We had a family loss, husband’s nan, and so he said I had to wait until March – let things settle. I agreed and Katie went to another home.  

Then mid Feb, the centre brought across a bunch of dogs from Romania.  They were gorgeous. All shapes and sizes and ages etc.  I picked a couple.  We went the 50+ miles one Sunday.  After following a winding road to what seemed to be the depths of nowhere, we found F.A.I.T.H (For Animals In Trouble (there’s) Hope).  

Now here’s where plans went wrong but in the best way ever.  

We spotted the dog we had ‘picked’ from the website.  Another spotted us and Paul took to it’s laughable pushing-for-a fuss attitude.  The staff said to just wander and look and call if we needed help.

We looked. We found pigs (another story indeed).  We found cats, stepdaughter was now gushing and pleading (a cat preference for her even though we have two already).  We were even introduced to 2 resident peacocks.  All very entertaining but I wanted my dog.

We looked and looked again, but only one touched my heart.

‘Chloe’ as she was called was shy and reserved.  We asked to walk her, and it was more a case of drag and run and she tried to hide or run off whichever she deemed necessary at the time.  This was going to be work.  But I liked her.

So we asked for information.  Female is about the only pre-requisite box she ticked.  Chloe was large, fluffy, like a small german shepherd (in fact she’s a romanian shepherd dog we have found since), never been in a house let alone trained in any way, raw from the streets, then kennels of Romania and only 1 year old.  But she was mine.  I knew it.  I could feel it.  

So we walked a few others, but each time I looked longingly back at her, and to my surprise she did the same for me.  Stepdaughter noticed.  Husband noticed.  But she didn’t tick all of the boxes so I looked for one that did.

My heart could not be over ruled.  All the rest were too old, too loud, too male, too skittish, too temperamental … the excuses flowed.

So we had lunch and a chat and eventualy took ‘Chloe’ out again. We had travelled for 2 hours, walked various dogs for another 2 and I knew I couldn’t have left without her.  Carrying cage was in the car ready.  She was mine and I hers.

So then the question – how much? £130.  Oooya!  But I was prepared.  I had saved for months. 

What happened next I didn’t expect, want, need or could afford but somehow it happened.

Just as I was signing papers to make this fluffly mini german sherherd type 1 year old dog my own, a staff member came to us and said ‘before your sign for her do you want to look at a collie we have?’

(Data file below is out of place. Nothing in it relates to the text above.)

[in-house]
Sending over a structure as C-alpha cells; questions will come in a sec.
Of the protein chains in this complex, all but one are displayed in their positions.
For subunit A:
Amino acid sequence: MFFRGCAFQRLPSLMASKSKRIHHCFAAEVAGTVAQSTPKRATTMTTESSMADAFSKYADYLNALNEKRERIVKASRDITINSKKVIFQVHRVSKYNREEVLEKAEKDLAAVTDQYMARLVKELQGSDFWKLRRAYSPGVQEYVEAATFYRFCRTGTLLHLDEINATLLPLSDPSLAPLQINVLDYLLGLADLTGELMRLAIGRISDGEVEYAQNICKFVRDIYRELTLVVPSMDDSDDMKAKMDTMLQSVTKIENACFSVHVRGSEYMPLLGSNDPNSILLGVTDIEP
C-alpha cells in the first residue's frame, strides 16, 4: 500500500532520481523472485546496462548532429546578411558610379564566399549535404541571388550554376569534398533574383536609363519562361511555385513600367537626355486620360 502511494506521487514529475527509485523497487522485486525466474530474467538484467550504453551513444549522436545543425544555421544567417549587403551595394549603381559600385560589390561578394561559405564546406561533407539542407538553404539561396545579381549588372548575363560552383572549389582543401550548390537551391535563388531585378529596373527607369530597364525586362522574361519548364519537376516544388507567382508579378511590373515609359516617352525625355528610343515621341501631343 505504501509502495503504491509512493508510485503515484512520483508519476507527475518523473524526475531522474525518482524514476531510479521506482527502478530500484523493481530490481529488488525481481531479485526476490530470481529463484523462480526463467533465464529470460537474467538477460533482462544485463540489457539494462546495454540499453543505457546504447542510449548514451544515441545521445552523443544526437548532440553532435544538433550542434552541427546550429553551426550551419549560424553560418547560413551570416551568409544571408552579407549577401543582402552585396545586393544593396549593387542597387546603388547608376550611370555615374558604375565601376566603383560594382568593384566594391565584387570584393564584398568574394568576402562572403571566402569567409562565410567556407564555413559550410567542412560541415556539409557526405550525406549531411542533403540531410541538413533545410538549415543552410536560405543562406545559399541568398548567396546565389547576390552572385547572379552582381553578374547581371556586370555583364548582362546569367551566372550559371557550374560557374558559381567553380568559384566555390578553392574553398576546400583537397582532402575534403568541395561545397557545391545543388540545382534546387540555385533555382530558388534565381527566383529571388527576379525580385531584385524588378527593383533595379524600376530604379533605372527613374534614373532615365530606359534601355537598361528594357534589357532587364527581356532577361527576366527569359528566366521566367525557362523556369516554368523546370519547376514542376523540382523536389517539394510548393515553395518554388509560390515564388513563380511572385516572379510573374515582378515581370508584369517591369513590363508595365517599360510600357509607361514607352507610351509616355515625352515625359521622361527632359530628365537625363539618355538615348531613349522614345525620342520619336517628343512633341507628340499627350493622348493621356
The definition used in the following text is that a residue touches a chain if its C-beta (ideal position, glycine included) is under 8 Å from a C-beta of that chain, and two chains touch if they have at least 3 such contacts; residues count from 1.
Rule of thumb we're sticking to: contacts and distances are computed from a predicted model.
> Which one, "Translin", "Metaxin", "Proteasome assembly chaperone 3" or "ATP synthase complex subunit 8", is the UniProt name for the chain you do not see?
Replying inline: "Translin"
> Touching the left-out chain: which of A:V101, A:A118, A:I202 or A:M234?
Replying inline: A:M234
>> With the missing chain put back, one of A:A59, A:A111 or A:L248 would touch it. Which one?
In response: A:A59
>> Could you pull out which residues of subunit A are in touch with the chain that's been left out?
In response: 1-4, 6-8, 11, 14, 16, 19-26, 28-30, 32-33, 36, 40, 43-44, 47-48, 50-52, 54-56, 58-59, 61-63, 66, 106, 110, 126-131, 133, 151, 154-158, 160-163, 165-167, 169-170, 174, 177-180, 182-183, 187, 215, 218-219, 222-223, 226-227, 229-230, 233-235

Now Dizzi was a mixed collie.  I say mixed not crossed as her mum was a bearded collie / border collie cross and her dad was a pure bred rough collie.  I love collies.  But No, I had my girl.  The staff member listened to husbands “ok we’ll look” response rather than my ‘I’m busy with MY dog’ growl under my breath.

The next thing I knew a dog was sat next to my legs. He was lovely, true black and white, long haired border collie with the lightest brown eyes twinkling at me.

Please, please, oh lets walk him, were the cries from my human companions. HIM!?  I don’t want a boy dog.  I fail with boy dogs.  I never can train boy dogs.  I don’t know why but I can’t.  I protested as the lead went on his neck.  I protested as we walked the country lane. I protested as we walked again but this time with Chloe in tow ‘to see if they get on’.  

To See If They Get On?!  Who cares?  I can afford one dog.  I want only one dog.  I want this young FEMALE dog.

Another £60 lighter I came home with Chloe – who has since been renamed Annie, but I also came home with a 6 year old male collie who was called Jodie – since renamed Joe.

We got him for ‘half price’ because he’d been at the centre a while after recovering from severe injuries from beatings and dog baiting attacks.  Husband and stepdaughter adore him.  I like him.  I love Annie.  

Having the two has had it’s benefits though.  Annie learns from Joe, we had a mere 3 puddles in the house and she’s house trained.  She walks on the lead beside him.  And they are company for each other when we’re out.  I don’t regret having Joe.  I love having my fluffy Annie, even if I do have to clean up dog hair every day.  

My Dizzi smiles at me from her photo and in my dreams.  I think she approves too.

( is just one rescue gourp, there are more).  Dogs there are vermin to most people.  They are left roaming, often chased down and maimed or even killed for fun, but they are still breeding in the thousands.  Here in the UK we have a dog problem, in Romania it’s a dog crisis.  ImageJoeImageAnnie